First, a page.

The UK’s Supreme Court was recently asked in the case of Joanne Dunhill (by her litigation friend Paul Tasker) v Shaun Burgin to consider the test when deciding whether a person has the mental capacity to conduct legal proceedings on her own behalf.  Given an ageing population and projected increase in mental capacity issues, this is likely to be an increasingly important issue in Hong Kong as well as in the UK.

The facts of the case revolved around Mrs Dunhill, who had suffered a severe head injury when she was hit by a motorcyclist when crossing the road in 1999. Mrs Dunhill had originally settled her action against the motorcyclist for the total sum of GBP 12,500 with costs, by way of a consent order.  However, this represented a gross undervaluation of her claim. Several years later, fresh legal advice was sought, and a “litigation friend” appointed (i.e. someone who would be able to conduct litigation on her behalf). Her litigation friend brought an action against Mrs Dunhill’s previous solicitors for professional negligence and sought a declaration that Mrs Dunhill did not have mental capacity at the time of the purported settlement.

The issue decided by the Supreme Court was the question of whether or not the consent order embodying the settlement required the express approval of the Court. If she were a “patient” (i.e. if she lacked mental capacity), the English Court rules specifically require that a judge must approve the settlement for it to be valid (by way of comparison, the Hong Kong rules do not require this).  In this case, the parties agreed a consent order, but the trial judge did not scrutinize that consent order.  It was not disputed that the test for capacity depended on whether Mrs Dunhill was a “patient” under the English Civil Procedure Rules and that this would be judged by reference to her capacity to make the decisions likely to be required in the course of the proceedings.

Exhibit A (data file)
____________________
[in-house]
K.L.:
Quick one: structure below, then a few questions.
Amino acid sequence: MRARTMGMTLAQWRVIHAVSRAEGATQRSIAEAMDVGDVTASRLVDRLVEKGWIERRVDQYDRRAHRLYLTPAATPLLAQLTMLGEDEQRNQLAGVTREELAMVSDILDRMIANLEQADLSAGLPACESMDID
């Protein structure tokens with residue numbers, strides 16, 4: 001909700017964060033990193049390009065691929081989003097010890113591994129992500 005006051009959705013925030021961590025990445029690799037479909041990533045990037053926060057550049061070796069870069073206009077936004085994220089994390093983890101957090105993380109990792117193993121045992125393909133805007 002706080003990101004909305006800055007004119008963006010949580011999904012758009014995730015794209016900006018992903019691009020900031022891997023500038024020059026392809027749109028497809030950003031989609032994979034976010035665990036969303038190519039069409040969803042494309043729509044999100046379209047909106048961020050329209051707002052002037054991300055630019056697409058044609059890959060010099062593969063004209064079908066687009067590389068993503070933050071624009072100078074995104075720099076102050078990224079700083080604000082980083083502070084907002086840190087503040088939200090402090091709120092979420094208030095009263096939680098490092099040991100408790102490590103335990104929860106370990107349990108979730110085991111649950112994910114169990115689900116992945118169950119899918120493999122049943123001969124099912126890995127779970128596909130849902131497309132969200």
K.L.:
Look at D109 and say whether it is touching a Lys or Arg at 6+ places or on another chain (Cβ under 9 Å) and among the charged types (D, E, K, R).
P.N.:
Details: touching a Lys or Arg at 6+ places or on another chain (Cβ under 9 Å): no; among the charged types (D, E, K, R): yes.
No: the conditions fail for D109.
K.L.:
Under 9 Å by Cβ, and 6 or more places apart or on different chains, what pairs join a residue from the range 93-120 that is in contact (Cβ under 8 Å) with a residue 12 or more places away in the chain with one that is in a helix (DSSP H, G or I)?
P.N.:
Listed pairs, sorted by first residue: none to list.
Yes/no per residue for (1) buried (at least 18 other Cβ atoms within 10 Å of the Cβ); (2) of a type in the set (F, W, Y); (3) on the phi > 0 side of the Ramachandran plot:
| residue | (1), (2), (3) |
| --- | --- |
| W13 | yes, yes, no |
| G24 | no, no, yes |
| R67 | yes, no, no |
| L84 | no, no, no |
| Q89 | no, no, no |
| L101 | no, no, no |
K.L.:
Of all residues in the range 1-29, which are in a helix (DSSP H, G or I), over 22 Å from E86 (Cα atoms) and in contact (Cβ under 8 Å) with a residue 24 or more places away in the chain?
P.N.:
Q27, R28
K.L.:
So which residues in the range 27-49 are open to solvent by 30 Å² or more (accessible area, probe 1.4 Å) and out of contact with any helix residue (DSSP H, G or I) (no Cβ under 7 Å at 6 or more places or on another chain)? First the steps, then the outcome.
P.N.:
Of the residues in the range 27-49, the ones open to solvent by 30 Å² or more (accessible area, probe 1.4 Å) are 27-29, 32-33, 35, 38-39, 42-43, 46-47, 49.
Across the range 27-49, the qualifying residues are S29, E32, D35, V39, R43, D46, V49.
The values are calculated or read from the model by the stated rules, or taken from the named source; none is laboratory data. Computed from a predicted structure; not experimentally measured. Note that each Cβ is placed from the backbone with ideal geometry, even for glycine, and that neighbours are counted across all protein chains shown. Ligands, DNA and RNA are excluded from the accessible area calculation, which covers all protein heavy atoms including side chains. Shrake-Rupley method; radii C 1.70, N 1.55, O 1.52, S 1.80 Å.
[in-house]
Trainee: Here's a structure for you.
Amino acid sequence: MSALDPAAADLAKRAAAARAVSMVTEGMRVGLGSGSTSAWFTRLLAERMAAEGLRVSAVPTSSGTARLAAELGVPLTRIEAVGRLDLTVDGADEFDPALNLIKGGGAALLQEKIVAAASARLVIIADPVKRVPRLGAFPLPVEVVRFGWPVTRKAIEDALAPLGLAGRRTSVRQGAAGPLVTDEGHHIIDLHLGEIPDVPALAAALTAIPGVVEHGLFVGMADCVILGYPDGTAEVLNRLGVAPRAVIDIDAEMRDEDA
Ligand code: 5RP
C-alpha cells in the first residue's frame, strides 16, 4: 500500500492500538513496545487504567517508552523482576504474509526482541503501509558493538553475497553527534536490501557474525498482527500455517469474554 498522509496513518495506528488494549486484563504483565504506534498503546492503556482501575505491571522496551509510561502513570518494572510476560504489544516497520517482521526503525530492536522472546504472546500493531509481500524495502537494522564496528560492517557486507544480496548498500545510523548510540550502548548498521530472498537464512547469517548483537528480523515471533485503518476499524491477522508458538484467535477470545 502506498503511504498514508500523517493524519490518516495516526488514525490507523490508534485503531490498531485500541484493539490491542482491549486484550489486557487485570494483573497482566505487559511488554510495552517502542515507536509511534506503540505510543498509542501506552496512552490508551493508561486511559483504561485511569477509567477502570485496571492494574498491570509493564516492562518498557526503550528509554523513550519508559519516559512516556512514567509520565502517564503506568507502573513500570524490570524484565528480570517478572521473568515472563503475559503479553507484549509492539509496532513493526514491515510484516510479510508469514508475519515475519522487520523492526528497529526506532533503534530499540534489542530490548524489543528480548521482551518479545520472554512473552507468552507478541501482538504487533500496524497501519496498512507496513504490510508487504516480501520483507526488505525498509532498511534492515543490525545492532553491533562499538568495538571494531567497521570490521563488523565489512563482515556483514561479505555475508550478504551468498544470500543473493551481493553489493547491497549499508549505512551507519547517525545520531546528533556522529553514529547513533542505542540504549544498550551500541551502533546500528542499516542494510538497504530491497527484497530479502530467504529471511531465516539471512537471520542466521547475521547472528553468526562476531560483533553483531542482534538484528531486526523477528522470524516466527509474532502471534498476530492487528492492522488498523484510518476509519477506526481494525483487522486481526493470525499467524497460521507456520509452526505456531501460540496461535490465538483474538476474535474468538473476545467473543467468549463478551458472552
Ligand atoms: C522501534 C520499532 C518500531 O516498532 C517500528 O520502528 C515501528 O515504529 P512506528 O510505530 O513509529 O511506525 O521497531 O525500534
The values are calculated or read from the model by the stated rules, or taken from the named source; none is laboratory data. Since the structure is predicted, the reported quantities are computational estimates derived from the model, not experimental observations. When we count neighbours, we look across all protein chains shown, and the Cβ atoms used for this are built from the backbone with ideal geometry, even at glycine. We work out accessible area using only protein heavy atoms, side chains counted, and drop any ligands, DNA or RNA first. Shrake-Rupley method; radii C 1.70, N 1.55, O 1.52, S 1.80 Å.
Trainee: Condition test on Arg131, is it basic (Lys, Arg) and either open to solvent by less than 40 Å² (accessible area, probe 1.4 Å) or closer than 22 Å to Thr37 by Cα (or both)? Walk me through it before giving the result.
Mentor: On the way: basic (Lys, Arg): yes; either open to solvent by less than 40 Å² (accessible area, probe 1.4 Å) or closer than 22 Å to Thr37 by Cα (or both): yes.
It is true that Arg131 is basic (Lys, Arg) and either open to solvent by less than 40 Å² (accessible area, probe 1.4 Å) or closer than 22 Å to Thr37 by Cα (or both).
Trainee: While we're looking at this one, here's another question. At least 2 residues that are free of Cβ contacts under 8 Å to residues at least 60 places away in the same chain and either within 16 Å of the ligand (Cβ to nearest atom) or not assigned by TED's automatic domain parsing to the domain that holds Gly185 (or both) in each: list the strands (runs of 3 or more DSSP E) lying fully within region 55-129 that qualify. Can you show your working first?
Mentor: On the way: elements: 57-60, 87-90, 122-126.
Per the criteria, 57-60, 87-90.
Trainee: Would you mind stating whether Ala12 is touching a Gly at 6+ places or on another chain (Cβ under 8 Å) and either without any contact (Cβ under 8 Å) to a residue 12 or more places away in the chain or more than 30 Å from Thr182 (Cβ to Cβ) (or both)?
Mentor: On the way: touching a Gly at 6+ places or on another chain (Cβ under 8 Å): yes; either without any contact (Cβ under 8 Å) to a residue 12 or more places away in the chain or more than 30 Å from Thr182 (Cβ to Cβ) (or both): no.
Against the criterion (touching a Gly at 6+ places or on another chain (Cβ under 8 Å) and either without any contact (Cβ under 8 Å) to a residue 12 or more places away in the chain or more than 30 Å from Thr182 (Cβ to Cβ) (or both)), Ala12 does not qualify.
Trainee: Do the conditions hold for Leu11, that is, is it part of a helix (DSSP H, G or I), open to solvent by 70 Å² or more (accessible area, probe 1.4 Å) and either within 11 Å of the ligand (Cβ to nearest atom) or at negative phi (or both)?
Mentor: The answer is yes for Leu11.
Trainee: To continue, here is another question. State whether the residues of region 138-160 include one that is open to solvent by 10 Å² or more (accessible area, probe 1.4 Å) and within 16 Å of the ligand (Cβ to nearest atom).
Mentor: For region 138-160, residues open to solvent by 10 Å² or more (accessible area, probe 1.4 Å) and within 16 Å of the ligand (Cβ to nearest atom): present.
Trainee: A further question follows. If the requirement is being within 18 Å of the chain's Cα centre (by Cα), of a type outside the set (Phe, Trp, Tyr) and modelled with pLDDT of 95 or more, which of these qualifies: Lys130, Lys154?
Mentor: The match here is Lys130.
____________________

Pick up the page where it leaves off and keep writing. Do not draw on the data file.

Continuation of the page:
The parties disagreed, however, as to whether the test was to be applied to the proceedings which she actually brought, or the proceedings she might have brought had they been advised differently by her lawyer. The distinction was important in this case, because the case that was brought was relatively straightforward, whereas the alternative case (which was not brought) was much more complex.  The defendant argued that Mrs Dunhill had had the relevant capacity for the case that she had brought, although they conceded she did not have the capacity to conduct the larger and more complicated claim which should have been brought had she received better legal advice.

The Supreme Court unanimously rejected the defendant’s arguments, stating that it could not be right for Mrs Dunhill’s capacity to depend on the quality of her legal advice. It held that the “test of capacity to conduct proceedings … is the capacity to conduct the claim or cause of action which the claimant in fact has, rather than to conduct the claim as formulated by her lawyers”.  As Mrs Dunhill did not have the necessary capacity to conduct such a claim, a litigation friend should have been appointed from the outset and any settlement should have been properly approved by the Court. Accordingly, the Supreme Court set the consent order aside, and the original case will now return to trial.  The professional negligence case has been stayed depending the outcome of that trial. 

The Supreme Court stressed the policy considerations in these matters: protected parties require and deserve protection, not only from themselves but also from their legal advisers.